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Vietnamese Fruits We Miss So Much Native to V

A Canadian may not think it but Vietnam is actually a tropical country with a mix of what Torontonians would label as ‘exotic fruit’. Travelers who come to Vietnam have the luxury of expanding their palate and partaking in these adventurous, colorful fruits. Here in Toronto, unfortunately, we don’t always have access. As a top Toronto Vietnamese restaurant, we try to mix in fruit whenever we can for our patrons. Here’s a few of the Vietnamese fruits we know and miss from our homeland.

Lychee

Lychee is very, very popular in Vietnam, particularly at the beginning of summer. Lychee’s skin is dark red and it’s probably the easiest fruit you could ever peel. The juice white center’s suited up with vitamin C and sweetness. Lychee can be served raw or made into a beverage, adding additional sugars and fruits like mango or dragon fruit along with it.

Mangosteen

Mangosteen is widely considered to be one of the most delicious fruits in the world. Considered superfruit-esque, there are a numerous health benefits associated to its mix of nutrients and antioxidants. The soft, sweet center is balanced with an outer purple skin, absolutely gorgeous.

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Toronto Foodies Flocking to Vietnamese Cookin

Toronto foodies are coming in droves to try one of the world’s trendiest cuisines and one that’s heating up in the restaurant scene here in the city. We are talking about Vietnamese cuisine of course.

As families from Vietnam spread across the globe in the post-war period, they brought with them homegrown recipes that are on their way to becoming stone cold classics. Vietnamese cuisine creations are packed with flavors and taste unique to this part of the world, delivered in an Instagram-friendly presentation. Pleasing to the eye and the palate both, the cuisine is one every foodie should try.

What’s so attractive about a Vietnamese dish is that they’re made to be balanced. When a sugar is added, a salt is as well. When a dish involves a little bit of spice, something anti-acidic is added in to establish a clear balance. In this era of very healthy eating, this has also given rise to vegetarian Vietnamese eating. These dishes bring together protein source, carbs of some kind, herbs and spices, and careful consideration on what else to include. There are all sorts of contemporary modifications made on classic Vietnamese eats such as pho to bring them to vegetarian or vegan standards. For foodies, they’re well worth a taste!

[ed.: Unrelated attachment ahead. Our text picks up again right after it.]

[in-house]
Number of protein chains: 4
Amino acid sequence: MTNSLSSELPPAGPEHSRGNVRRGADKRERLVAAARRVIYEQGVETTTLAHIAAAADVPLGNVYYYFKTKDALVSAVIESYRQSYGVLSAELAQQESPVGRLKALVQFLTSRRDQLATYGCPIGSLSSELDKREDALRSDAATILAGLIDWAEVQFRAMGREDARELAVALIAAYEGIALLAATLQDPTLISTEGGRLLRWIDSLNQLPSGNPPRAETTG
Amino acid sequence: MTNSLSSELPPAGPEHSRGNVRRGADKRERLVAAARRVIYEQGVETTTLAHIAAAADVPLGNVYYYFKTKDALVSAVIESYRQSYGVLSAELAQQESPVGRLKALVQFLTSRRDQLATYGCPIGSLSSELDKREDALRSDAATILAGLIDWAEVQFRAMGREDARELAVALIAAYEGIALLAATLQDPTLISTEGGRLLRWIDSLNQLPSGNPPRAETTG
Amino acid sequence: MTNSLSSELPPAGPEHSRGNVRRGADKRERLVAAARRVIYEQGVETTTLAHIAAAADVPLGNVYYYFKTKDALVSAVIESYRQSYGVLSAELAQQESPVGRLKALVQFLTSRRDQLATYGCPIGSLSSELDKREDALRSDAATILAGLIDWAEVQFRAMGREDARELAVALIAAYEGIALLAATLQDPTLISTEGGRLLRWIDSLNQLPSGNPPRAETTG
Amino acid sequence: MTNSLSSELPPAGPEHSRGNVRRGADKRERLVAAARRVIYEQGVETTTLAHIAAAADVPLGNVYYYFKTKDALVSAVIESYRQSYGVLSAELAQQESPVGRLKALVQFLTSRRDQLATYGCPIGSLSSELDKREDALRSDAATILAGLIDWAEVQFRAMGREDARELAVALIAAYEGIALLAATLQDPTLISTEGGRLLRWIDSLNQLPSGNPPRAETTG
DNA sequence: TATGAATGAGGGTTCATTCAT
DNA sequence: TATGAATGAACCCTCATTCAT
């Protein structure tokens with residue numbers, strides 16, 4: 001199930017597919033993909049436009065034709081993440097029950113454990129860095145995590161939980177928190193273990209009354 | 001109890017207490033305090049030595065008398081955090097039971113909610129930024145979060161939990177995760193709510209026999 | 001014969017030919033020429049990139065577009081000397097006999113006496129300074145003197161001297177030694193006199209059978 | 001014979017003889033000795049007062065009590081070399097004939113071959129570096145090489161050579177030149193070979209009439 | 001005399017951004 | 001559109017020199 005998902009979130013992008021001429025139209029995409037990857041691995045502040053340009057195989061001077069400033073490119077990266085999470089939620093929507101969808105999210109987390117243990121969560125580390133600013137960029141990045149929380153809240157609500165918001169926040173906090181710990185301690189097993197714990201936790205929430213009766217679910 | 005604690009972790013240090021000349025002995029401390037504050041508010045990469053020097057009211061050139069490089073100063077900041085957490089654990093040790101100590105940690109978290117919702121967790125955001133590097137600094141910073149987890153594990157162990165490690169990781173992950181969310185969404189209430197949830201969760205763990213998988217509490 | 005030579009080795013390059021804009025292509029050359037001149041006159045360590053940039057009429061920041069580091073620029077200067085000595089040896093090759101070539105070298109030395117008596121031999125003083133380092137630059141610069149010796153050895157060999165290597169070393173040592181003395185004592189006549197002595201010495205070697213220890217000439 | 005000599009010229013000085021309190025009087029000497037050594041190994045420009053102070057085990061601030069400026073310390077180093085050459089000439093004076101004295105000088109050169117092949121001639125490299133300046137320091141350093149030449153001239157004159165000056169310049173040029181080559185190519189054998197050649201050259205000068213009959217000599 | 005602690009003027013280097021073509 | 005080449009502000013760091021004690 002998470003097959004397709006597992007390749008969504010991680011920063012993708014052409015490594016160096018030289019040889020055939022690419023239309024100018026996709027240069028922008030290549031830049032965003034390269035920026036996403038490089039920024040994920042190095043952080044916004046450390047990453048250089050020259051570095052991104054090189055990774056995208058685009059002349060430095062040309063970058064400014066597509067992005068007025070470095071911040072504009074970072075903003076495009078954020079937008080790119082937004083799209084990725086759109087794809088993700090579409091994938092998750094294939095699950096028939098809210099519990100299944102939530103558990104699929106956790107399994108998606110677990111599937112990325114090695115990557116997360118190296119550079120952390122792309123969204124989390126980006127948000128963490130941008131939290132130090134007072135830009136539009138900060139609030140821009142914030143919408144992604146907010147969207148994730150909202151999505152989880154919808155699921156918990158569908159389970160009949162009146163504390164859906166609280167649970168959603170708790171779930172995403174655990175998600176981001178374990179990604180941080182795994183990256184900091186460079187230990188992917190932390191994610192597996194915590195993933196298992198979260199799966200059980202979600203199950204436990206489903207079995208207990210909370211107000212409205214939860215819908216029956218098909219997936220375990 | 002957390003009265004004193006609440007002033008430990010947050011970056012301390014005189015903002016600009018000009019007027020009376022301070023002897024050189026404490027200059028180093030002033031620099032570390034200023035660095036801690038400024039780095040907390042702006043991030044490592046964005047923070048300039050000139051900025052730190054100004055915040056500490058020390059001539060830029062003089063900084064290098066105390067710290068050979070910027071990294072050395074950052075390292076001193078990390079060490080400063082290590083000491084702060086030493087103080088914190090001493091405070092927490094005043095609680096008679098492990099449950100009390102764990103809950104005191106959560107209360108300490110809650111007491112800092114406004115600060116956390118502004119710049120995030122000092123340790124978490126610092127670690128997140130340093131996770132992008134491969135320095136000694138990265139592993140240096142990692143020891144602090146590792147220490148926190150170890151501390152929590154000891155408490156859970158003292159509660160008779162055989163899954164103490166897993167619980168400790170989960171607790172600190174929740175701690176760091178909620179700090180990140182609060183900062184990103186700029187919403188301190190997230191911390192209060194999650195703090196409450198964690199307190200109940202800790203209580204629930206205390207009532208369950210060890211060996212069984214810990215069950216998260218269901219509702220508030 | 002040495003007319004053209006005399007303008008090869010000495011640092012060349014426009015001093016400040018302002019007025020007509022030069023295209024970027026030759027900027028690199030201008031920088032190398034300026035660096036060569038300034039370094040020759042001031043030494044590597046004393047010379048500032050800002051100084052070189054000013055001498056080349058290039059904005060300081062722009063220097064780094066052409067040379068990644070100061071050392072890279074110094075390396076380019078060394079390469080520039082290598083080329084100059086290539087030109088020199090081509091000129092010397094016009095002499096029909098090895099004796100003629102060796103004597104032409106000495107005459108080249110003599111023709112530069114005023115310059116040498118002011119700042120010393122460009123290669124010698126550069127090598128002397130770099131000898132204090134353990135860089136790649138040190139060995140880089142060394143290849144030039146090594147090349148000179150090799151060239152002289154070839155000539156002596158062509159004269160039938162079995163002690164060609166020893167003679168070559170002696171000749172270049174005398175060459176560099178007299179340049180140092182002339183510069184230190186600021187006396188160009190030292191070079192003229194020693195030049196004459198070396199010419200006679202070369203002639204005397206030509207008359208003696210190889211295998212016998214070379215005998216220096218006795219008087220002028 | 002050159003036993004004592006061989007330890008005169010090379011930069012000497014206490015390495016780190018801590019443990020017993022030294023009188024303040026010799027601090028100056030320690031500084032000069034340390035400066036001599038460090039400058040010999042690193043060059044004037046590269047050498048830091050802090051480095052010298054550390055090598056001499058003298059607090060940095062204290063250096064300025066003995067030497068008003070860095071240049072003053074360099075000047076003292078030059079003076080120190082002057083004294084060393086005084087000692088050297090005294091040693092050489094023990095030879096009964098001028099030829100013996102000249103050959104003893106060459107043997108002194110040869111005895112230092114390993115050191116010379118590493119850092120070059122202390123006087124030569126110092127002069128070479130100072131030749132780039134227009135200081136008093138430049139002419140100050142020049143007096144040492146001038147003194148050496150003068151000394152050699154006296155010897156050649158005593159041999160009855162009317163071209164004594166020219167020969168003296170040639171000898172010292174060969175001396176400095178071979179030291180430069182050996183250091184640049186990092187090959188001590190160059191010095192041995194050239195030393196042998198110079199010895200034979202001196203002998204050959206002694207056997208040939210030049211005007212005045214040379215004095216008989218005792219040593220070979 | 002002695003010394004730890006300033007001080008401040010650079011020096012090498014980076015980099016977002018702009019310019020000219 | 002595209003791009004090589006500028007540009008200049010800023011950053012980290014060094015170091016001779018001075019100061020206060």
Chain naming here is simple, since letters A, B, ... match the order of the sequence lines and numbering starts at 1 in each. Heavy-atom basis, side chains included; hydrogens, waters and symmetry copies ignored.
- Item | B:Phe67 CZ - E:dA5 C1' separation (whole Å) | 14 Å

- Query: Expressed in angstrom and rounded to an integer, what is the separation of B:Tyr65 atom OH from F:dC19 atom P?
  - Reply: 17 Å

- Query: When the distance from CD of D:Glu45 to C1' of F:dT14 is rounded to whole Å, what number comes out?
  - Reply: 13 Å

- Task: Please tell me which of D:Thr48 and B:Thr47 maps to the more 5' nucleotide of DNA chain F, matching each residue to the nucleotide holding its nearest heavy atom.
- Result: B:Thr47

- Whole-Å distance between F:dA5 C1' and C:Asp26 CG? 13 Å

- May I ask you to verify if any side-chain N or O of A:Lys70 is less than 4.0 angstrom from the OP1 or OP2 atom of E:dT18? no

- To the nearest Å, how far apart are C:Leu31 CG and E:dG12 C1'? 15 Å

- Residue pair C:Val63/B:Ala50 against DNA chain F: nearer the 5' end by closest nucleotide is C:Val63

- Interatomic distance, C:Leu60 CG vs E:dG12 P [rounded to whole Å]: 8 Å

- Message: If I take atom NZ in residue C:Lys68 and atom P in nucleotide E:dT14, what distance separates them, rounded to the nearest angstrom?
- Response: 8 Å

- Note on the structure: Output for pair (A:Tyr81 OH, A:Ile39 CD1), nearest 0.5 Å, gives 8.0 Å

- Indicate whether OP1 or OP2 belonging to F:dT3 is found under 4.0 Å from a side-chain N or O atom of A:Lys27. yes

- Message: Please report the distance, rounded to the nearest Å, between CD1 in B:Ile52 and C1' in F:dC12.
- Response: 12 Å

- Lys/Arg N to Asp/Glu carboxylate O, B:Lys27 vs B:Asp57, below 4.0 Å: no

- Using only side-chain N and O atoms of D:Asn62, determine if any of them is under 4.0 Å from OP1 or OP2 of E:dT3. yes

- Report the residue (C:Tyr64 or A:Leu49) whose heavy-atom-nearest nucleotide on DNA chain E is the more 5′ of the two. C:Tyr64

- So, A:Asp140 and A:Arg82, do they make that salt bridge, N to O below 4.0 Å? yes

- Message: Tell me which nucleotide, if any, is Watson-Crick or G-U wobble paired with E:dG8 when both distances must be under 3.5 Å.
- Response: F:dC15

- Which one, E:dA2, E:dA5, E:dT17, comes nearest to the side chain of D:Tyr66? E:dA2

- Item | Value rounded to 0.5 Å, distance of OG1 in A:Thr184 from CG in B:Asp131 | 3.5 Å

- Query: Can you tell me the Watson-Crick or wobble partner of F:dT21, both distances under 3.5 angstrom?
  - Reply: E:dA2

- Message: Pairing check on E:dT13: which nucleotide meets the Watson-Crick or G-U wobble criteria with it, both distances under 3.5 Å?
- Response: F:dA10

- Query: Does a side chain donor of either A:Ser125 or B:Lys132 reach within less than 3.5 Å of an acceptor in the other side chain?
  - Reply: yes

Like a few other ethnic cuisines, Vietnamese is having a bit of a moment right now. It’s a very diverse and seductive cuisine, perhaps one of the most diverse in the world. Vietnamese brings together regal French influence with age-old Asian flavors and techniques. There’s a deep cultural history to a lot of the cooking in this cuisine, in addition to Vietnamese being called one of the healthiest cuisines in the world. The heath of Vietnamese has everything to do with the balance of nutrients managed throughout. Again, we come to a philosophy of balance. Unlike Chinese, Japanese, Thai, or other cuisines, you won’t ever find a dish prepared Vietnamese-style to be so much of any one thing.

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How Does ‘Authentic’ Work in Vietnamese Cuisi

It’s a Thursday night and at TorontoPHO, the restaurant is packed with families, couples, and Torontonians from across the city. At one table, young and social media savvy foodies are snapping pictures of some of Toronto’s most excellent Vietnamese cooking. At another, a senior Asian couple are slurping up pho prepared authentically to the highest degree. We consider all of our food ‘authentic’ but what exactly makes a dish authentic? It isn’t just a buzz word or an adjective we like to throw down on our marketing.

Authentic, in our view, means truly Vietnamese. The recipes we share in our restaurant have been passed down from grandparents to parents to their children and to their children's children. They are pure Vietnamese Canadian dishes, a little mix of decades-old ways of making stir fry and pho with a little of what we've learned here. But does this change the nature of what’s authentic and what isn’t in this classic Vietnamese Toronto restaurant – not in this context.

Though we have mixed recipes, we also have pure Vietnamese recipes that are clear-cut family tradition. We source ingredients direct from Vietnam to pull together some of our broths such as the ones we utilize in pho and the spices we drop across any of our stir fry. The cooking methods we use are also very similar, if not identical, to what’s used in cuisine and restaurants in Vietnam. Our head chefs are accredited specifically in this style of cooking. They are highly experienced and expert-level Vietnamese chefs.

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What is Vietnamese Sausage – see it here!